The Apache were really into raids in order to maintain their stores of weapons and ammunition. By attacking and taking horses or cattle, or anything else of value that could either be used or sold, they could further sustain their way of life and war out in the field.  So raids were a big part of their thing.

If Apaches were killed, then ‘attacks’ or ‘ambushes’ would be in order to get revenge.  So raids and attacks went hand in hand for the type of guerrilla warfare they waged.

They were also keen on how to attack the large cumbersome forces of the Mexicans and Americans. Many of the attacks the Apaches conducted involved decoys or trying to sucker these large forces to pursue these small bands of warriors.  They would try to anger the forces, and let that anger cloud out their better judgement. Meaning, if they could get a troop of cavalry to chase them into a narrow canyon or into really rough terrain, the Apache then could ambush those forces in advantageous terrain.

By getting these forces to pursue in rough terrain would also destroy their horses and mules. The Apache knew that if they could destroy those animals, they could take away the mobility of the cavalry. They could get those soldiers on the ground, and on the ground is where the Apache really shined. Matter of fact, the Apache also targeted the mounts during ambushes, just to destroy that unit’s ability to be mobile. (the book discussed how many horses and mules the Army lost during those years, and it was very significant)

Once their target was without a horse or mule, they could then apply their ground game to annihilating this force. That’s if that force was not prepared to fight on the ground. The Apaches were smart fighters, and they knew when to fight and when to go.  But they weren’t really going anywhere.  If anything, they would break contact and hope that the enemy would chase them, all so they could ambush them again. Hit and run, hit and run, hit and run…. And it is that process that would weaken a large force that is highly dependent on carried supplies and horses/mules, and does not have the stamina or fighting skills or knowledge of terrain to compete with the Apache.

Other tactics used were decoy methods. They would have a lone woman act like she was caught in the open and start running away if a force spotted her. The hope was that the force that spotted her, would give chase. Then the Apache could ambush that force as they get sucked into an ambush. They would try anything and everything to get these forces to chase them into ideal ambush sites.

They would also attack in areas where their prey would not suspect, just to keep their ambushes unpredictable. Like attacking on flat ground as opposed to compressed canyons that look perfect for ambushes.  Or they would position ambushers in areas just on the other side of small canyons, knowing that a force would think they were in the clear once they reached the other side. The point was to attack the enemy when they least suspected an attack–when they were at their most relaxed and unguarded.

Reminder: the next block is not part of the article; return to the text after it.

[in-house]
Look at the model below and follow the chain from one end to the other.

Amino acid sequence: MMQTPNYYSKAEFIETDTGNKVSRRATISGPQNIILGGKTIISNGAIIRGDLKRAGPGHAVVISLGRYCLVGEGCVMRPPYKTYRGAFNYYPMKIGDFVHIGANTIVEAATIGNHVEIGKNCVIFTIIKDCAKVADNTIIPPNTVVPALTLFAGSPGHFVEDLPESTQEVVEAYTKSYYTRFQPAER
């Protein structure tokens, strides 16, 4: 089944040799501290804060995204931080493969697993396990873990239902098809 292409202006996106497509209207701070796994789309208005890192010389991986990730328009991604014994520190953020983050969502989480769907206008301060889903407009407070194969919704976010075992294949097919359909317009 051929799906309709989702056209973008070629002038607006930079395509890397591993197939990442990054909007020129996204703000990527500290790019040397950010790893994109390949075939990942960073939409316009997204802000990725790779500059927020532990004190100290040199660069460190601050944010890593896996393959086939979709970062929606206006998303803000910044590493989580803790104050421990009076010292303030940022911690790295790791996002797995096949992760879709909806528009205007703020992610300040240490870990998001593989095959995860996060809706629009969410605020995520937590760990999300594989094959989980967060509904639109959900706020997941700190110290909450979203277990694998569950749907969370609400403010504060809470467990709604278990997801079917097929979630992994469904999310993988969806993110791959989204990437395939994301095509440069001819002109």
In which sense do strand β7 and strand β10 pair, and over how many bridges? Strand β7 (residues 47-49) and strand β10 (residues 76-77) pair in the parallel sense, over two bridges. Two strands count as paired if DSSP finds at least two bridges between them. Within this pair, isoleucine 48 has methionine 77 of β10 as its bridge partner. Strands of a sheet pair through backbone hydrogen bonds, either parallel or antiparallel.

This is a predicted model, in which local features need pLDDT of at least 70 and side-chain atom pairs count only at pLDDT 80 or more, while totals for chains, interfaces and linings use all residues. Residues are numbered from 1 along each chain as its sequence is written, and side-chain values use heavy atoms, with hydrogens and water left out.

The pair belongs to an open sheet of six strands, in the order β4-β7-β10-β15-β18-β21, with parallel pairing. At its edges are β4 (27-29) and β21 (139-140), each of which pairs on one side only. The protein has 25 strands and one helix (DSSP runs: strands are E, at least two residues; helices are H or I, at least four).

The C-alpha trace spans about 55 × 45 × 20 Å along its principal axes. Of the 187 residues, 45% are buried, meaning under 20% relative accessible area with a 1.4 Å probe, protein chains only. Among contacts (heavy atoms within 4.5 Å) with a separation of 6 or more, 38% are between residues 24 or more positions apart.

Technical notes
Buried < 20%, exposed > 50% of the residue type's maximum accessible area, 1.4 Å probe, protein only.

Some other cool little tidbits included the Apache method of attacking communications. The telegraph was key to the Indian Wars and the expansion out west. You could call up more reinforcements, or communicate that you needed more ammo. You could also give quick intelligence reports via telegraph as to the location and size of enemy formations. The Apaches knew all of this, and they frequently targeted the telegraph wires/poles.

The method they used was to cut the wire close to the tree or pole, then reconnect the wire with leather strapping to make it look like it was still connected in the tree or pole.  That way the repair crew would have to climb every pole and tree, just to see where the line was broken. lol This tactic would help to frustrate those who depended upon the telegraph, and drain more resources for the ‘secure’ repair of these lines.

As to Apache brutality, they had plenty there. One of their favorite methods was to cook their captives to death on a tree or wagon wheel over a fire. The idea was that they wanted folks to ‘fear’ them, which would also help in ambush or raids in the future. If a homesteader feared being tortured if caught, they would run away during an attack, and the Apache could take the horses and cattle. In the thirties, they did more of this type of thing, but later on in the war they did not have the time for this stuff because they were always on the move. They would just kill prisoners on the spot or not even care to take prisoners, and move on.

The Apache would also stick around after the ambush. A force might see the dead and be compelled to think that the Apache were long gone, or that force would be driven by emotion to rescue or bury the dead–and then the Apache would ambush that force. Or they would purposely let a survivor of the ambush run back to the fort, just so a rescue force would come out.  Anything to anger that force, and get them to chase the Apache into prepared battlefields.